The contract for deed stated that the purchase price was $30,000, to be paid with $3,000 down and 144 monthly payments of $300. The buyers made 90 payments of $300, for a total of $27,000, and demanded a deed.
While the amount financed was stated to be $27,000, the product of 144 monthly payments of $300 would be $43,200. On the seller’s motion for summary judgment, the trial judge held that the buyers were not entitled to the deed, because the contract required payment of 144 installments of $300, not 90 installments.
The Southern District Court of Appeals agreed with the trial judge in Webbe v. Keel, stating:
It is not ambiguous for 144 monthly payments to exceed this contract’s sale price because the time value of money is a judicially-known concept.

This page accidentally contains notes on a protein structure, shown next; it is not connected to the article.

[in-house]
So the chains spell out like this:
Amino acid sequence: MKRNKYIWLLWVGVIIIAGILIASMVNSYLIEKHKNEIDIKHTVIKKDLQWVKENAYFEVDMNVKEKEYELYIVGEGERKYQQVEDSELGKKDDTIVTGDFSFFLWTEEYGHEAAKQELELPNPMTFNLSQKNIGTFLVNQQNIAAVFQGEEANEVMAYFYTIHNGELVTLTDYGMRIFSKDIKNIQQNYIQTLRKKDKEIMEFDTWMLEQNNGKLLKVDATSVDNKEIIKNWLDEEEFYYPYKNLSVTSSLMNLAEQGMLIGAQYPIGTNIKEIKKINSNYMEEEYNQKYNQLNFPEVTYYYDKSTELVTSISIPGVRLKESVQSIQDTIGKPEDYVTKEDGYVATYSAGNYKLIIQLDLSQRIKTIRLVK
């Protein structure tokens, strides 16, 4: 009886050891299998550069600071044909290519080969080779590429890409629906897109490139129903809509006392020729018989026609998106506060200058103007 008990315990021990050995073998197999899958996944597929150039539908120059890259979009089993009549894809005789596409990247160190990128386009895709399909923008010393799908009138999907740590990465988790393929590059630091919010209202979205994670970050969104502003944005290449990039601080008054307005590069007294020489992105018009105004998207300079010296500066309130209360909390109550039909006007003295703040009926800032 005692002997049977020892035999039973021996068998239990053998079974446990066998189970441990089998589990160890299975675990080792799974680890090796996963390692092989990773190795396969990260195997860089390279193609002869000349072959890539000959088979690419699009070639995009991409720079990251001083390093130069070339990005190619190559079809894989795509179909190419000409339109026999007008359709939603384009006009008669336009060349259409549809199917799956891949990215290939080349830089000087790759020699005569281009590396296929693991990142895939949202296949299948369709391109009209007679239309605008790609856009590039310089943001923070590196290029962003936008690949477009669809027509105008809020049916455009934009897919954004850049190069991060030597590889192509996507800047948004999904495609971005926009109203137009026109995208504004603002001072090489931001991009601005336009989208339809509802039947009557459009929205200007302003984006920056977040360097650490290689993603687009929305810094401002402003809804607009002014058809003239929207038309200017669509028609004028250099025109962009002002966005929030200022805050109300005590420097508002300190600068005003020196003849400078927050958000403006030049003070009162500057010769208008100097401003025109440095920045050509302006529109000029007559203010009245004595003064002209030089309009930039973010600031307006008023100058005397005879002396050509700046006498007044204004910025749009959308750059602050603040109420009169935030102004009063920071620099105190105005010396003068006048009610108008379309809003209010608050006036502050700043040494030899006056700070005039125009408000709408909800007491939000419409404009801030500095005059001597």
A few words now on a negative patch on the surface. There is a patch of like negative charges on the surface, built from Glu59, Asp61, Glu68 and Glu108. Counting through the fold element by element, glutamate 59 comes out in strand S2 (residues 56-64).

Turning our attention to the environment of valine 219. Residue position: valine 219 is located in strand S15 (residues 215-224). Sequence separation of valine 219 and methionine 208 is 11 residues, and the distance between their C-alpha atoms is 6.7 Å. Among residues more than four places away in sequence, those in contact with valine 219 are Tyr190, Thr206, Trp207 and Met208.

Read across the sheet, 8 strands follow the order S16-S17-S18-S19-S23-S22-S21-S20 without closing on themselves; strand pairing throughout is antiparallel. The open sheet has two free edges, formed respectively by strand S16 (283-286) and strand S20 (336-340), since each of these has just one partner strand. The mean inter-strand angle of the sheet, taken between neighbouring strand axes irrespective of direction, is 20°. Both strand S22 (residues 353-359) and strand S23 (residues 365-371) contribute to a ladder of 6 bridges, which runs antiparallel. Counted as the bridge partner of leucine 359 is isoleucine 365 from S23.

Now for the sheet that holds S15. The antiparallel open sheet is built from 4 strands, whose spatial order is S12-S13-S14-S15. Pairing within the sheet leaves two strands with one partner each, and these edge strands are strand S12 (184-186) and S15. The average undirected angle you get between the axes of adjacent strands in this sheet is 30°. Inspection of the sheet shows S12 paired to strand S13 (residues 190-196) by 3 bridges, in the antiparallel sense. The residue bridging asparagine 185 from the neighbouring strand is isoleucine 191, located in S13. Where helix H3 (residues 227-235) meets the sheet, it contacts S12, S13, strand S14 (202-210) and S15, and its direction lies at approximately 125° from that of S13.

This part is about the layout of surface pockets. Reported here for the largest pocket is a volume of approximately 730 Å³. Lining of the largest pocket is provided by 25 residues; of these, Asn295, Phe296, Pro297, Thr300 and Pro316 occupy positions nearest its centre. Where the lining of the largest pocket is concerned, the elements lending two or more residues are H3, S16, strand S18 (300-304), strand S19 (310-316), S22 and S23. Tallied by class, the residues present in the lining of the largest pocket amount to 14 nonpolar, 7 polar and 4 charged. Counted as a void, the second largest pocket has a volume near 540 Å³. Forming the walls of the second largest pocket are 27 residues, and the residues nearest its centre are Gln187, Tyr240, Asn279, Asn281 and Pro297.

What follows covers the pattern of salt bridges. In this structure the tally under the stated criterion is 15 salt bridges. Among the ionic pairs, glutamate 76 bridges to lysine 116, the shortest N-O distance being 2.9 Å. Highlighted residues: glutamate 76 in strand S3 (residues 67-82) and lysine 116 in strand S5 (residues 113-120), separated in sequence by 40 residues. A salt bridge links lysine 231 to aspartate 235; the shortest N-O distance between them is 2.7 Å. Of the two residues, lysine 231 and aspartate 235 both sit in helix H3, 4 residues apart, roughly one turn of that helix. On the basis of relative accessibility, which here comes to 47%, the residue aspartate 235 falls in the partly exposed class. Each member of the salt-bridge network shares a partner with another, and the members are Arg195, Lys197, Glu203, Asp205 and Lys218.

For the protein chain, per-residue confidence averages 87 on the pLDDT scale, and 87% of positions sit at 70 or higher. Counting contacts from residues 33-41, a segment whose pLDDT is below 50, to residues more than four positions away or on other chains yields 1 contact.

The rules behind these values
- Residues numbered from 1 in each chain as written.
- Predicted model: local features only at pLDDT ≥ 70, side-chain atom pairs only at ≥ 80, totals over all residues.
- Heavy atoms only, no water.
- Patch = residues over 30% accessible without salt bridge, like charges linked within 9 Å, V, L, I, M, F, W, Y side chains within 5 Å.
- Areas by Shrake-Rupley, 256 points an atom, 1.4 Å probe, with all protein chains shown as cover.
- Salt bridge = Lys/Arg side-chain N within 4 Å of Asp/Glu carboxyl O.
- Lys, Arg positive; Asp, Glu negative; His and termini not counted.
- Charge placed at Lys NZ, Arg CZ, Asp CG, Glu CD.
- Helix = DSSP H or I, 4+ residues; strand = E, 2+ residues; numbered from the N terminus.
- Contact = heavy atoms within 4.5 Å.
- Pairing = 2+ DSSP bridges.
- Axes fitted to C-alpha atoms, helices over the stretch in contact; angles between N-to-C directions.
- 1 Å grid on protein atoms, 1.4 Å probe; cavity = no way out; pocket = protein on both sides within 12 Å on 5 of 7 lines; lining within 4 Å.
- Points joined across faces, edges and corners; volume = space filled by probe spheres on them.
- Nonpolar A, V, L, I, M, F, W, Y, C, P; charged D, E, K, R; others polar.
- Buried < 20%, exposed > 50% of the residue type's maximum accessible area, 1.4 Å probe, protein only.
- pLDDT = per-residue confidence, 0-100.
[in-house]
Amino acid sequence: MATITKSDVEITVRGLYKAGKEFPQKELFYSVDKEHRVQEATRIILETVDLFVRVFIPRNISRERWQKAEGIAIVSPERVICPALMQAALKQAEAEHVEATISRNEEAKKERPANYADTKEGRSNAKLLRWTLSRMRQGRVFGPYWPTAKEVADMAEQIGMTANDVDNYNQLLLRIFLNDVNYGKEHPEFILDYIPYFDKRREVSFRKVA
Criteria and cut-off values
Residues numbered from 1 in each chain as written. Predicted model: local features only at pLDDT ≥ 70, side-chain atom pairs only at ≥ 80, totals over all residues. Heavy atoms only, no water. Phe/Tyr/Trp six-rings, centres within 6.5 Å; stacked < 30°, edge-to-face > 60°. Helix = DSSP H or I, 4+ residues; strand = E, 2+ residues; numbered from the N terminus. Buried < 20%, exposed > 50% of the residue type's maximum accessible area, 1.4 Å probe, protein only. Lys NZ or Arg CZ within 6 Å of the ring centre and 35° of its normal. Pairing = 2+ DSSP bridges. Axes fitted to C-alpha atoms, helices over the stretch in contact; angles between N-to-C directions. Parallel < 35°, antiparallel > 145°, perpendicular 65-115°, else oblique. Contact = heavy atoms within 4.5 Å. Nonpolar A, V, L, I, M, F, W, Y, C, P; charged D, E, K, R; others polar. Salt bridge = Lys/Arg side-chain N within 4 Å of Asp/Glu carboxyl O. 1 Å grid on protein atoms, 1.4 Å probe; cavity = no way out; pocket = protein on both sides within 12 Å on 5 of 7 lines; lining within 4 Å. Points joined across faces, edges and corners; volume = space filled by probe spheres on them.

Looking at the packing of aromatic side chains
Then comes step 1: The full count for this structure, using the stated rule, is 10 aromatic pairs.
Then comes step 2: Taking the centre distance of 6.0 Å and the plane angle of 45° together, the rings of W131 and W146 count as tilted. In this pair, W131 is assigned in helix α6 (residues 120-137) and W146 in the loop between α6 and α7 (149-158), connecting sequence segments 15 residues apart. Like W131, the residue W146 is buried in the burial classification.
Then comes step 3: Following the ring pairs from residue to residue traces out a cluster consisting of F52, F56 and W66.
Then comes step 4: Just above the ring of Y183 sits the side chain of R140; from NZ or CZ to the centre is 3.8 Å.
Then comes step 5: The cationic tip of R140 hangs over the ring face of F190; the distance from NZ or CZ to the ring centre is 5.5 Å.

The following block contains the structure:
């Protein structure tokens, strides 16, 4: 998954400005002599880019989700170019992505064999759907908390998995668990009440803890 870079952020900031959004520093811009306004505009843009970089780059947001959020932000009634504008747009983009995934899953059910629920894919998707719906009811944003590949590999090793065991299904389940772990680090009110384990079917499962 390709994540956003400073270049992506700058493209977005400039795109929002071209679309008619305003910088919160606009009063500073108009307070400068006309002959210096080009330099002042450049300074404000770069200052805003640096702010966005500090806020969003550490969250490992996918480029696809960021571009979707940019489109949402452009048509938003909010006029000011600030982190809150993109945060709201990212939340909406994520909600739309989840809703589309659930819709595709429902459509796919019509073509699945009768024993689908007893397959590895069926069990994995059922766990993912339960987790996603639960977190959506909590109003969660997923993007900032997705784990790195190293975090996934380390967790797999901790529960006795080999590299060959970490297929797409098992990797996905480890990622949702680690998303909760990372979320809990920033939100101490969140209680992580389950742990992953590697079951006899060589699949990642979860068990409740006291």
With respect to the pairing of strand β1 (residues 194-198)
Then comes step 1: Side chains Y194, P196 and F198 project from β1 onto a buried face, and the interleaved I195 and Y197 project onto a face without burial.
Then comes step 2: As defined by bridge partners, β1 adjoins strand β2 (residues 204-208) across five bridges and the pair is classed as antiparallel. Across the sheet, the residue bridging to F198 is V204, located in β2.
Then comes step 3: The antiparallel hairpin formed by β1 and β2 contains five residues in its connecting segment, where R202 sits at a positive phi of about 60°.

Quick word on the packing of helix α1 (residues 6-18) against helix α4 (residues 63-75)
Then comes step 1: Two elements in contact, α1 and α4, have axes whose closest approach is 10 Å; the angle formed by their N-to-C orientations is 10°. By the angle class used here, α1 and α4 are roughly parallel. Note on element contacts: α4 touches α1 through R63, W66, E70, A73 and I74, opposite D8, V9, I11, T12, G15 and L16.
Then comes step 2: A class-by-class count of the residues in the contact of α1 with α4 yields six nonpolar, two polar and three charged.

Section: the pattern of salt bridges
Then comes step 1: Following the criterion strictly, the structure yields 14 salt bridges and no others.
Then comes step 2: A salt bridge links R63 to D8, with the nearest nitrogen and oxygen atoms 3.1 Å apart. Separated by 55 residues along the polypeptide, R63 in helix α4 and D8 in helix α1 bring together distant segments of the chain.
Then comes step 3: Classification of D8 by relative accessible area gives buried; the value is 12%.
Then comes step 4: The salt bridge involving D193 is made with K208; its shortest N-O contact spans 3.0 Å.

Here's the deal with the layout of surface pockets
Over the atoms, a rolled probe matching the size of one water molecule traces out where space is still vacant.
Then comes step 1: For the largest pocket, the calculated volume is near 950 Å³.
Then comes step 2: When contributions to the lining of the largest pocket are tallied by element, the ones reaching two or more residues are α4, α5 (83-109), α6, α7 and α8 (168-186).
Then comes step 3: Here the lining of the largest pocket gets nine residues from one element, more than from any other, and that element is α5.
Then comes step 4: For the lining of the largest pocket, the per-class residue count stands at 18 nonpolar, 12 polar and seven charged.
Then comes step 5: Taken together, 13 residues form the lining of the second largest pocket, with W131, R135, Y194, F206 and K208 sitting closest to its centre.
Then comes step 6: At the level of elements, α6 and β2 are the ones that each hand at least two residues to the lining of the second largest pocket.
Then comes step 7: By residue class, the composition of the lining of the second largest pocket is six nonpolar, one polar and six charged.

Even though the contract did not specifically mention interest on the $27,000, the court apparently saw the buyer’s agreement to pay $16,200 in excess of the $27,000 balance over 12 years to be an agreement to pay interest.
Because the case involved contract interpretation, it could be ruled on by a judge without a trial on a motion for summary judgment, unless the trial judge found that the contract was ambiguous. If the trial judge found the contract to be ambiguous, a trial would be held to obtain evidence outside the text of the contract.
Many agreements to pay money over time that are prepared by amateurs fail to mention the interest rate, how interest is calculated (360-day year or 365-day year, compounding period), early payoff provisions and how payments are to be applied (on day received or on first day of month if received by 5th, for example).
Webbe v. Keel shows how even a very simple contract can pull the parties into court.